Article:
An Inventory of the Historical Monuments in the County of Northamptonshire, Volume 3, Archaeological Sites in North-West Northamptonshire. Originally published by Her Majesty's Stationery Office, London, 1981.

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'Althorp', in An Inventory of the Historical Monuments in the County of Northamptonshire, Volume 3, Archaeological Sites in North-West Northamptonshire, (London, 1981) pp. 1-3. British History Online [accessed 29 February 2024]

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(OS 1: 10000 a SP 66 NE, b SP 66 SE)

The small parish, covering only 330 hectares, lies mainly on Jurassic Clay between 85 m. and 125 m. above OD but the higher S.E. corner is on Northampton Sand and part of the W. is overlaid by glacial sands and gravels. In medieval times Althorp was part of Brington parish and the greater part of the present parish is occupied by the landscaped park of Althorp House, the home of the Spencer family since the early 16th century. The probable site of the medieval village of Althorp (1) has been suggested and other features of interest are the extensive earthworks associated with the various stages of landscaping the park (2).

Medieval and Later

b(1) Deserted village of Althorp (SP 678648; Fig. 15), probably lay on the S.W. side of the park immediately E. of West Lodge, on Jurassic Clay and Northampton Sand, on land sloping N. between 120 m. and 100 m. above OD. These remains cannot be positively identified as the site of Althorp but it seems likely that they are.

The village is first noted in Domesday Book with a recorded population of ten (VCH Northants., I (1902), 323, 337). Twenty people paid the Lay subsidy of 1301 (PRO, E179/155/31) and 21 people that of 1327 (M. W. Beresford, The Lost Villages of England (1954), 369). Fifty people over the age of 14 paid the Poll Tax in 1377 (PRO, E179/155/28). In the 15th century the manor was held by the Catesby family who probably cleared the village for in 1505 no tenants appear to have lived there. In 1508 the parish was sold to John Spencer of Wormleighton, Warwickshire, and by 1577 most of the land was divided into four great sheep pastures (K. J. Allison et al., The Deserted Villages of Northants. (1966), 34).

The surviving earthworks have been damaged by later activities, but the main feature is a very broad hollow-way some 1.5 m. deep which runs up the hillside. As it reaches the hilltop it becomes a wide terrace-way which can be traced in a broad curve as far as the edge of the park. On the S. side of the hollow-way, near its N.W. end, are several platforms bounded by scarps, perhaps the sites of former buildings, with ridge-and-furrow beyond. To the N.E. of the hollow-way are some very slight features forming no coherent pattern but which may also be sites of buildings. A later avenue has been planted along the line of the hollow-way and some of the trees have been set in large mounds (RAF VAP CPE/UK/1994, 4368–9).

ab(2) Garden remains (centred SP 681651), lie around Althorp House, in the park. Although the Spencers acquired the estate in 1508 the first house was probably not built there until later in the 16th century. Little is known about this house and nothing about its surroundings. In the 1660s Robert Spencer, 2nd Earl of Sunderland, remodelled the house and employed the celebrated Le Notre to lay out the park and gardens. This work was drawn by Kip (Britannia Illustrata (1709)) who showed the house with a broad rectangular courtyard on the main S. front. To the E., terraces led down into a formal walled garden divided into rectangles planted with flower-beds and lawns. Beyond the house to the N. and S. tree-lined avenues extended to the limits of the park; elsewhere there were plantations and radiating avenues. Alterations were probably made to the park in the 1730s, in the early 19th century and in the 1860s; at some time the enclosed gardens and the rigidly formal plantations were removed and a more informal landscape was created. A number of date-stones between 1567 and 1901 commemorating tree planting exist in the park. The estate papers, if they become accessible, may show further details. Some earthworks associated with either the 17th century or the later work survive in the park though no trace of the formal walled gardens or terraces exists. For example S. of the house, parallel to and S.W. of the existing avenue (SP 682649), there is a large scarp 2.5 m. high and almost 200 m. long. This has been created by cutting away the lower slopes of the hillside in order to procure an open view from the house. Within the same avenue the medieval ridge-and-furrow has been carefully flattened and a raised walk or carriage-way, 6 m. wide and 0.25 m. high, has been laid out down the centre. In two wide rectangular areas to the S.W. and N.W. of the house (SP 678650 and 681653) the pre-existing ridge-and-furrow has also been removed though the latter survives over much of the rest of the park. Just S.W. of the stables (SP 681649) there is a semi-circular feature 40 m. across and 2 m. deep, cut back into the hillside (RAF VAP CPE/UK/1994, 4368–9).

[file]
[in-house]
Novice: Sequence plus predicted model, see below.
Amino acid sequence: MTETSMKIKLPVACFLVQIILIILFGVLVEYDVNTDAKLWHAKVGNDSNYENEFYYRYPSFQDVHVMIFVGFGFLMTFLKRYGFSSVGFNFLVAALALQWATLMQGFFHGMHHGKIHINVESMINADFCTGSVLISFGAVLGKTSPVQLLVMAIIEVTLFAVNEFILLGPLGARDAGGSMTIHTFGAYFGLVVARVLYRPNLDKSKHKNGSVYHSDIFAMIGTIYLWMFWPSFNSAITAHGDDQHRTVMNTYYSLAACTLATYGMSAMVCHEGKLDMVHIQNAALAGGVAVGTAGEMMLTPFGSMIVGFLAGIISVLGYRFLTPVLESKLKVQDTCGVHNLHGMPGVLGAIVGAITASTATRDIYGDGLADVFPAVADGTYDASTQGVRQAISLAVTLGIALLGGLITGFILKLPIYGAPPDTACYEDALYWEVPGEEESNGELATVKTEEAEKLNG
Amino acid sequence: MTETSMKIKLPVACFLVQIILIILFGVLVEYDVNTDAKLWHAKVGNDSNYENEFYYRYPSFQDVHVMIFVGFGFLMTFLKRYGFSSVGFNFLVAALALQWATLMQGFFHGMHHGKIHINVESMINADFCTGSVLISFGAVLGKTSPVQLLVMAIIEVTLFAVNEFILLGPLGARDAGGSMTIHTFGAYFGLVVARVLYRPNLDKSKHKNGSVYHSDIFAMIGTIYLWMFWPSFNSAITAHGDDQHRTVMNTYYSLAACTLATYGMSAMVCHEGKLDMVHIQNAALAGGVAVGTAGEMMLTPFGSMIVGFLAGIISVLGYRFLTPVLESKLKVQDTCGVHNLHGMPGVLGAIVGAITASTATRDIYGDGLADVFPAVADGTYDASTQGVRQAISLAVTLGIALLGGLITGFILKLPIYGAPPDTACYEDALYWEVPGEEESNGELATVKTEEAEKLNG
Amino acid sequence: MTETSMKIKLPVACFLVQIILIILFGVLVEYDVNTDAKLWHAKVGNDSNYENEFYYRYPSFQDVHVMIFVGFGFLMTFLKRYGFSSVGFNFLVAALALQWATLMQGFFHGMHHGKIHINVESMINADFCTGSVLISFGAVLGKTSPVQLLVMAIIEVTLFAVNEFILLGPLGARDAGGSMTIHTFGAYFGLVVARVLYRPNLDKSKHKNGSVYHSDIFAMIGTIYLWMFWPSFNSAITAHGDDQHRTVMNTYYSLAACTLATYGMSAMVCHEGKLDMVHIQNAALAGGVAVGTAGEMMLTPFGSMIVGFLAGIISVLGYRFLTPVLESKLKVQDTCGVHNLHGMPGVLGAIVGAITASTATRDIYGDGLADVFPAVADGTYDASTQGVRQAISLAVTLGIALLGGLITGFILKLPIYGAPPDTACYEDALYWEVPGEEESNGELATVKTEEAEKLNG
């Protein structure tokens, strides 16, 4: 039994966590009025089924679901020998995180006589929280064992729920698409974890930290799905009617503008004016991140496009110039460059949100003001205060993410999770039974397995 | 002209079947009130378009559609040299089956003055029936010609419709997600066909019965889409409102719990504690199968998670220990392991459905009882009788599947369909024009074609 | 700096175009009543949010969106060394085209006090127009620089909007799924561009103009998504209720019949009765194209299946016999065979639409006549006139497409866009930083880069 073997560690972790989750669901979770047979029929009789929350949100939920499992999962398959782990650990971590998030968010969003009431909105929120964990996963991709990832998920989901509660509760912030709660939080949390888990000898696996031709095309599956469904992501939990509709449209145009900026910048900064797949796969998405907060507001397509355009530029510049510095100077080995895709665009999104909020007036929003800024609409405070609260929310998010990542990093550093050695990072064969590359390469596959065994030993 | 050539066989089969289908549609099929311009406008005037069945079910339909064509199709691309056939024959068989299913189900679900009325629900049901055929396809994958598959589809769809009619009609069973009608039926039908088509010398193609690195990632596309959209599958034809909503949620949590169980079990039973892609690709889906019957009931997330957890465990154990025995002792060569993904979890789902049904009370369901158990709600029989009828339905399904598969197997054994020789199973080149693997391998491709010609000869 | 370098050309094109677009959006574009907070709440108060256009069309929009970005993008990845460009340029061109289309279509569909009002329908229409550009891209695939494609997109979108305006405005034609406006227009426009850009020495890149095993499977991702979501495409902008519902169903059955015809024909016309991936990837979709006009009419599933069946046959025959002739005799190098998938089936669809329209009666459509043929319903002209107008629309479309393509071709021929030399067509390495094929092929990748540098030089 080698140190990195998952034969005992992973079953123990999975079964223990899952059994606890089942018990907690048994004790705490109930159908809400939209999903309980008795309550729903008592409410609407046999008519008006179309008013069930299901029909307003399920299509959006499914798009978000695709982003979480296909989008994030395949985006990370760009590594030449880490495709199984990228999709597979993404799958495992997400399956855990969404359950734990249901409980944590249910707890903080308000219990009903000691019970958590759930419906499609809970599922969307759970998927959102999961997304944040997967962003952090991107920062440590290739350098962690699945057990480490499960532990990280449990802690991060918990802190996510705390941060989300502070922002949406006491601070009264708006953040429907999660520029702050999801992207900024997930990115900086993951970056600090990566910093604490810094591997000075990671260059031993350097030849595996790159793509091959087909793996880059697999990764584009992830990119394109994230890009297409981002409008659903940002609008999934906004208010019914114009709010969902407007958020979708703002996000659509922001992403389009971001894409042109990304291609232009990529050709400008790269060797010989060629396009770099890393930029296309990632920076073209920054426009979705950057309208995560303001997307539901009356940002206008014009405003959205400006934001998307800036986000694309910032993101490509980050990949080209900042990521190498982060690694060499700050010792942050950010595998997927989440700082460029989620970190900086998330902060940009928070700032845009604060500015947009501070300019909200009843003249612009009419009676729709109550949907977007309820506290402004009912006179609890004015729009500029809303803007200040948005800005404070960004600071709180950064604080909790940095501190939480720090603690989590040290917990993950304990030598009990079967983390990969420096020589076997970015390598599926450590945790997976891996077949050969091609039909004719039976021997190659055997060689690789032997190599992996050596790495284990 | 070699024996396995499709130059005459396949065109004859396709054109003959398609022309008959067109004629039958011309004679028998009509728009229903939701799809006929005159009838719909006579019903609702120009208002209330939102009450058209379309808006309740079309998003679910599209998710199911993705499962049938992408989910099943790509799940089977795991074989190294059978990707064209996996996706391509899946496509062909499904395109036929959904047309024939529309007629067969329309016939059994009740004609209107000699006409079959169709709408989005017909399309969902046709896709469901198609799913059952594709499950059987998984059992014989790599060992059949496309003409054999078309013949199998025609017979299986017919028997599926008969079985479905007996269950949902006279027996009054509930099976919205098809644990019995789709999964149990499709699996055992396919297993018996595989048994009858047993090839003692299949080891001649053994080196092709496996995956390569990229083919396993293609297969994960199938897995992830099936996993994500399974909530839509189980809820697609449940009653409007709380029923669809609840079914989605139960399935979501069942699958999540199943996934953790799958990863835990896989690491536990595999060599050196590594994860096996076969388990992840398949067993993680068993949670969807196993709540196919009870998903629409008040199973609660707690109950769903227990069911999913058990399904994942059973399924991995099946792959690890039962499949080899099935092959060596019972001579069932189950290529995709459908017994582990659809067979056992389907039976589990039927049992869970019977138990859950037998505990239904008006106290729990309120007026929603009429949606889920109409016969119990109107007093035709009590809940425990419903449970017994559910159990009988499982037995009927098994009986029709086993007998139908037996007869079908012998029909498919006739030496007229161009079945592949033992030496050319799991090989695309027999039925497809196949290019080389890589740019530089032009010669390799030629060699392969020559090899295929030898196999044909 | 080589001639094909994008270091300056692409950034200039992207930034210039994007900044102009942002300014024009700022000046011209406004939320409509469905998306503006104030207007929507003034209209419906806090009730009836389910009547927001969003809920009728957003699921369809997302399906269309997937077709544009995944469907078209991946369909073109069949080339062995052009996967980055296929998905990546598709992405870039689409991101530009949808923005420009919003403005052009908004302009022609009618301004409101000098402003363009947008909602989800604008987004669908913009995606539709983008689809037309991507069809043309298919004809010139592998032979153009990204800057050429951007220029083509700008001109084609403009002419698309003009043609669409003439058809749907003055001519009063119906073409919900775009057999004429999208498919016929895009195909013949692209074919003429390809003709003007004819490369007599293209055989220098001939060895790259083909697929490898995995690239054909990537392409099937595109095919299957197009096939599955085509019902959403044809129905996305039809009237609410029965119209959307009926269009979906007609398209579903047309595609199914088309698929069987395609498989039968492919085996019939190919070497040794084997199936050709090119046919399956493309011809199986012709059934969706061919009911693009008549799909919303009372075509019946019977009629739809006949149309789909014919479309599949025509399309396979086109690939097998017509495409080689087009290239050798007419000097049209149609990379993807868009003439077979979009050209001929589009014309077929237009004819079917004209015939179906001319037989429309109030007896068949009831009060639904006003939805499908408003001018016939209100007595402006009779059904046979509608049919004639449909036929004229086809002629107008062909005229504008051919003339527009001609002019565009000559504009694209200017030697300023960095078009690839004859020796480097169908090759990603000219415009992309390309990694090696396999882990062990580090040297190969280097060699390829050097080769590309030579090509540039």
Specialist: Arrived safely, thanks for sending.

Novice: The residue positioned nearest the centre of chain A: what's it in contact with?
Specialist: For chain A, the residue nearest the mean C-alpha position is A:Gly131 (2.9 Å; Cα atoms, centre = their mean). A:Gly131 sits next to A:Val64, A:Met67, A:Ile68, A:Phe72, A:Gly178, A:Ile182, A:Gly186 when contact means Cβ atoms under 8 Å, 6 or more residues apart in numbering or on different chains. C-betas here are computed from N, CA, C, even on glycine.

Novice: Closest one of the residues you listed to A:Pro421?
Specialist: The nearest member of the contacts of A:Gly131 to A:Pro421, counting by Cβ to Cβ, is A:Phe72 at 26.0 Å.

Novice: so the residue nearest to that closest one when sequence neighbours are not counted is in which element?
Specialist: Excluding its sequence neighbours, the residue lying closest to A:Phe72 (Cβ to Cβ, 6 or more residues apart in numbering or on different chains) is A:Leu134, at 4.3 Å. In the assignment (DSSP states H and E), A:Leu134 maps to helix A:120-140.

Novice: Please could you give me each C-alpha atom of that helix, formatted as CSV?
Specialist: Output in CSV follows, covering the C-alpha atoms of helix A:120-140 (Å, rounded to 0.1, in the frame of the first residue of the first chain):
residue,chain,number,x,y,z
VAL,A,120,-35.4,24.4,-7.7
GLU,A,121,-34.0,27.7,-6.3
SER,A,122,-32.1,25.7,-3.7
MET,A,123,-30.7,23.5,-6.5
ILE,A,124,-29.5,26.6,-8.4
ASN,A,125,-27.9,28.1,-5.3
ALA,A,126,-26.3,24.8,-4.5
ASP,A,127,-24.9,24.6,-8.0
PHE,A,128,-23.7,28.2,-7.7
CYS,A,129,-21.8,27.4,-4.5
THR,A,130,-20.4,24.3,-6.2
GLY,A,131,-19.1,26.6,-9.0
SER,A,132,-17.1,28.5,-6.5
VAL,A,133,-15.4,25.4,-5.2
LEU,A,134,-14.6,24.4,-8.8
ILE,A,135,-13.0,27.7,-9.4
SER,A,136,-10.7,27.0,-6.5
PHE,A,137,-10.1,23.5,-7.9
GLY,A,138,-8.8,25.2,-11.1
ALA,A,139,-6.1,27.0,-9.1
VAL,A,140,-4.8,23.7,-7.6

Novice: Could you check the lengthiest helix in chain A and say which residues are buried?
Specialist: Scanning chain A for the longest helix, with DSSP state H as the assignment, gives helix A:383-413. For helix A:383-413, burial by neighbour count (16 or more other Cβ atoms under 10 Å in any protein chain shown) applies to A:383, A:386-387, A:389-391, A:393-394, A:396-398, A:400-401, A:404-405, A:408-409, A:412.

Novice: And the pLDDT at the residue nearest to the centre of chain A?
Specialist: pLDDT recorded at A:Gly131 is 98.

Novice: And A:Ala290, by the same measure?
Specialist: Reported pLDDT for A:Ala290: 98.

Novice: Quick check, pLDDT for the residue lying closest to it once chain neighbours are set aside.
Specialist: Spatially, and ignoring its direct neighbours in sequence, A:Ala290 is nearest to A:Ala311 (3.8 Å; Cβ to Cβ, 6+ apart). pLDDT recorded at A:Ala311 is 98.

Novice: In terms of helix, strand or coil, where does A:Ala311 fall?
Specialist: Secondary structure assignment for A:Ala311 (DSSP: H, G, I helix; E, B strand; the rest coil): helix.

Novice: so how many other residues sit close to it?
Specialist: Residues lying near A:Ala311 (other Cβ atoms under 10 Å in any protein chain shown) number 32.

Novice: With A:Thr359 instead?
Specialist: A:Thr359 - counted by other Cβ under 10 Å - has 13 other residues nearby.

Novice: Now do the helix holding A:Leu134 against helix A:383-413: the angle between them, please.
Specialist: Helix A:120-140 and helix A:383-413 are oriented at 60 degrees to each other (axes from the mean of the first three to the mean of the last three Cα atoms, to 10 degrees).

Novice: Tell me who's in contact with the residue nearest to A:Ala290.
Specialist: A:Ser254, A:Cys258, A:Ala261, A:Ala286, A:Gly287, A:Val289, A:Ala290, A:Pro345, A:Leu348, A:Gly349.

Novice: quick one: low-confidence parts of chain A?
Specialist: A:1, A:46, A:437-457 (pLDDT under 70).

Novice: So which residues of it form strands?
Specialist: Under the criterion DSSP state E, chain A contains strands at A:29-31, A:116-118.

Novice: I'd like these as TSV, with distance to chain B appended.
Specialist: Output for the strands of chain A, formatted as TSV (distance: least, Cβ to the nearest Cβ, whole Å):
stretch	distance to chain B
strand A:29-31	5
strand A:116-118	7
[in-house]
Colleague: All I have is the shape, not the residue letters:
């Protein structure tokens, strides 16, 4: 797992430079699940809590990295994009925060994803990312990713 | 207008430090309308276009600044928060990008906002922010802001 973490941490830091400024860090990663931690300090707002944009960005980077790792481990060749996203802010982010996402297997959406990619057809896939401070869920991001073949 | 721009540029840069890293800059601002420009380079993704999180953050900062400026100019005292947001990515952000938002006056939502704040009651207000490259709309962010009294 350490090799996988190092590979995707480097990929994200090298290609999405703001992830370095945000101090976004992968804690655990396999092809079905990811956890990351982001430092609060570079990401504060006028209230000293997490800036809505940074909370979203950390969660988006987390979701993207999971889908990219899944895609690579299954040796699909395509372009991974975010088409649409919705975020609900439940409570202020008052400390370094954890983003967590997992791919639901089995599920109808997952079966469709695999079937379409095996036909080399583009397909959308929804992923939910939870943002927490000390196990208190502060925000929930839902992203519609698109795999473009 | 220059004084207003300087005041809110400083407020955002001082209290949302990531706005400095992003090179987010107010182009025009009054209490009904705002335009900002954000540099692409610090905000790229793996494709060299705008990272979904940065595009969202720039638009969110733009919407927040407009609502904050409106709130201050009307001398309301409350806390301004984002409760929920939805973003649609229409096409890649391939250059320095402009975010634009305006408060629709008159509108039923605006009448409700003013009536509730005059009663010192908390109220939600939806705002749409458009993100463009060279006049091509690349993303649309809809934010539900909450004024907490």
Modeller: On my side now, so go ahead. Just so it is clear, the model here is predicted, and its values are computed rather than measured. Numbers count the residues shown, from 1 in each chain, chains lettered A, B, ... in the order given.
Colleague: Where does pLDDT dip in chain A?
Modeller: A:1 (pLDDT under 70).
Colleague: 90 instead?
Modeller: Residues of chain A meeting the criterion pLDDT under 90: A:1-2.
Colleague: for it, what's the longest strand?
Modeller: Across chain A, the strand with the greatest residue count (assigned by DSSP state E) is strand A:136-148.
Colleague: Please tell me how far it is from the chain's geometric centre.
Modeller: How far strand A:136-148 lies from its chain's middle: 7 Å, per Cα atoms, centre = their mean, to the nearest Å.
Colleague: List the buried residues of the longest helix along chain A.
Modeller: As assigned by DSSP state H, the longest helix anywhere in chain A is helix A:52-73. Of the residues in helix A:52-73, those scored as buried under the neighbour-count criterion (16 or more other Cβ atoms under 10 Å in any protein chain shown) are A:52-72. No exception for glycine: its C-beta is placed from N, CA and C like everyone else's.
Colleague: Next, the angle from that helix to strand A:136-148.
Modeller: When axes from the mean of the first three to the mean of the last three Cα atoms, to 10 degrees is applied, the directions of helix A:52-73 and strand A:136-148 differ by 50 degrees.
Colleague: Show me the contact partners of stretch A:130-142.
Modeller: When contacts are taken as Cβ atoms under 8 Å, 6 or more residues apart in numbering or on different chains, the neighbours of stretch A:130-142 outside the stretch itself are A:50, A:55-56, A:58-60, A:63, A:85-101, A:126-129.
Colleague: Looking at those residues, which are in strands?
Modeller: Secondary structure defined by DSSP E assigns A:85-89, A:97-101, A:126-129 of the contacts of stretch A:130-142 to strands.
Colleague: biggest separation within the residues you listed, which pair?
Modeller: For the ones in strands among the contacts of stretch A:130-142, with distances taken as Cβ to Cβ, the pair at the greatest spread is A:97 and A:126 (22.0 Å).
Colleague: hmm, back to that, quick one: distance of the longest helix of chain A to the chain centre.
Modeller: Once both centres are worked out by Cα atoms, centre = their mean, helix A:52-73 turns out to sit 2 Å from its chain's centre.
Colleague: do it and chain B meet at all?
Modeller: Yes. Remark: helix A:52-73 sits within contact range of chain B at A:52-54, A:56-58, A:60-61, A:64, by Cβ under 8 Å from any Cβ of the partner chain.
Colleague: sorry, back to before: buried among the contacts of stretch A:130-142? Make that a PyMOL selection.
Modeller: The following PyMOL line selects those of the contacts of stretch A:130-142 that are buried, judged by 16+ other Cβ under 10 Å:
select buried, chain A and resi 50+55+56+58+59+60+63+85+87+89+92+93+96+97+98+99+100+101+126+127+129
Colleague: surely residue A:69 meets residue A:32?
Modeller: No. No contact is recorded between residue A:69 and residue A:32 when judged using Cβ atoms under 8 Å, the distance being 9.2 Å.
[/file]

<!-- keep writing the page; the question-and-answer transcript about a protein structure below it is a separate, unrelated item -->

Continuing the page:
Fig. 15 Althorp (1) Deserted village of Althorp

(3) Cultivation remains. The enclosure of the common fields of Althorp took place at an unknown date, but presumably in the 15th century when the village (1) was finally removed. Ridge-and-furrow of these fields remains on the ground or can be traced on air photographs over much of the parish, arranged in interlocked furlongs, many of reversed-S form. It is particularly well preserved in Althorp Park where there are extensive areas of almost complete ridge-and-furrow (RAF VAP CPE/UK/1994, 2254–7, 4367–70).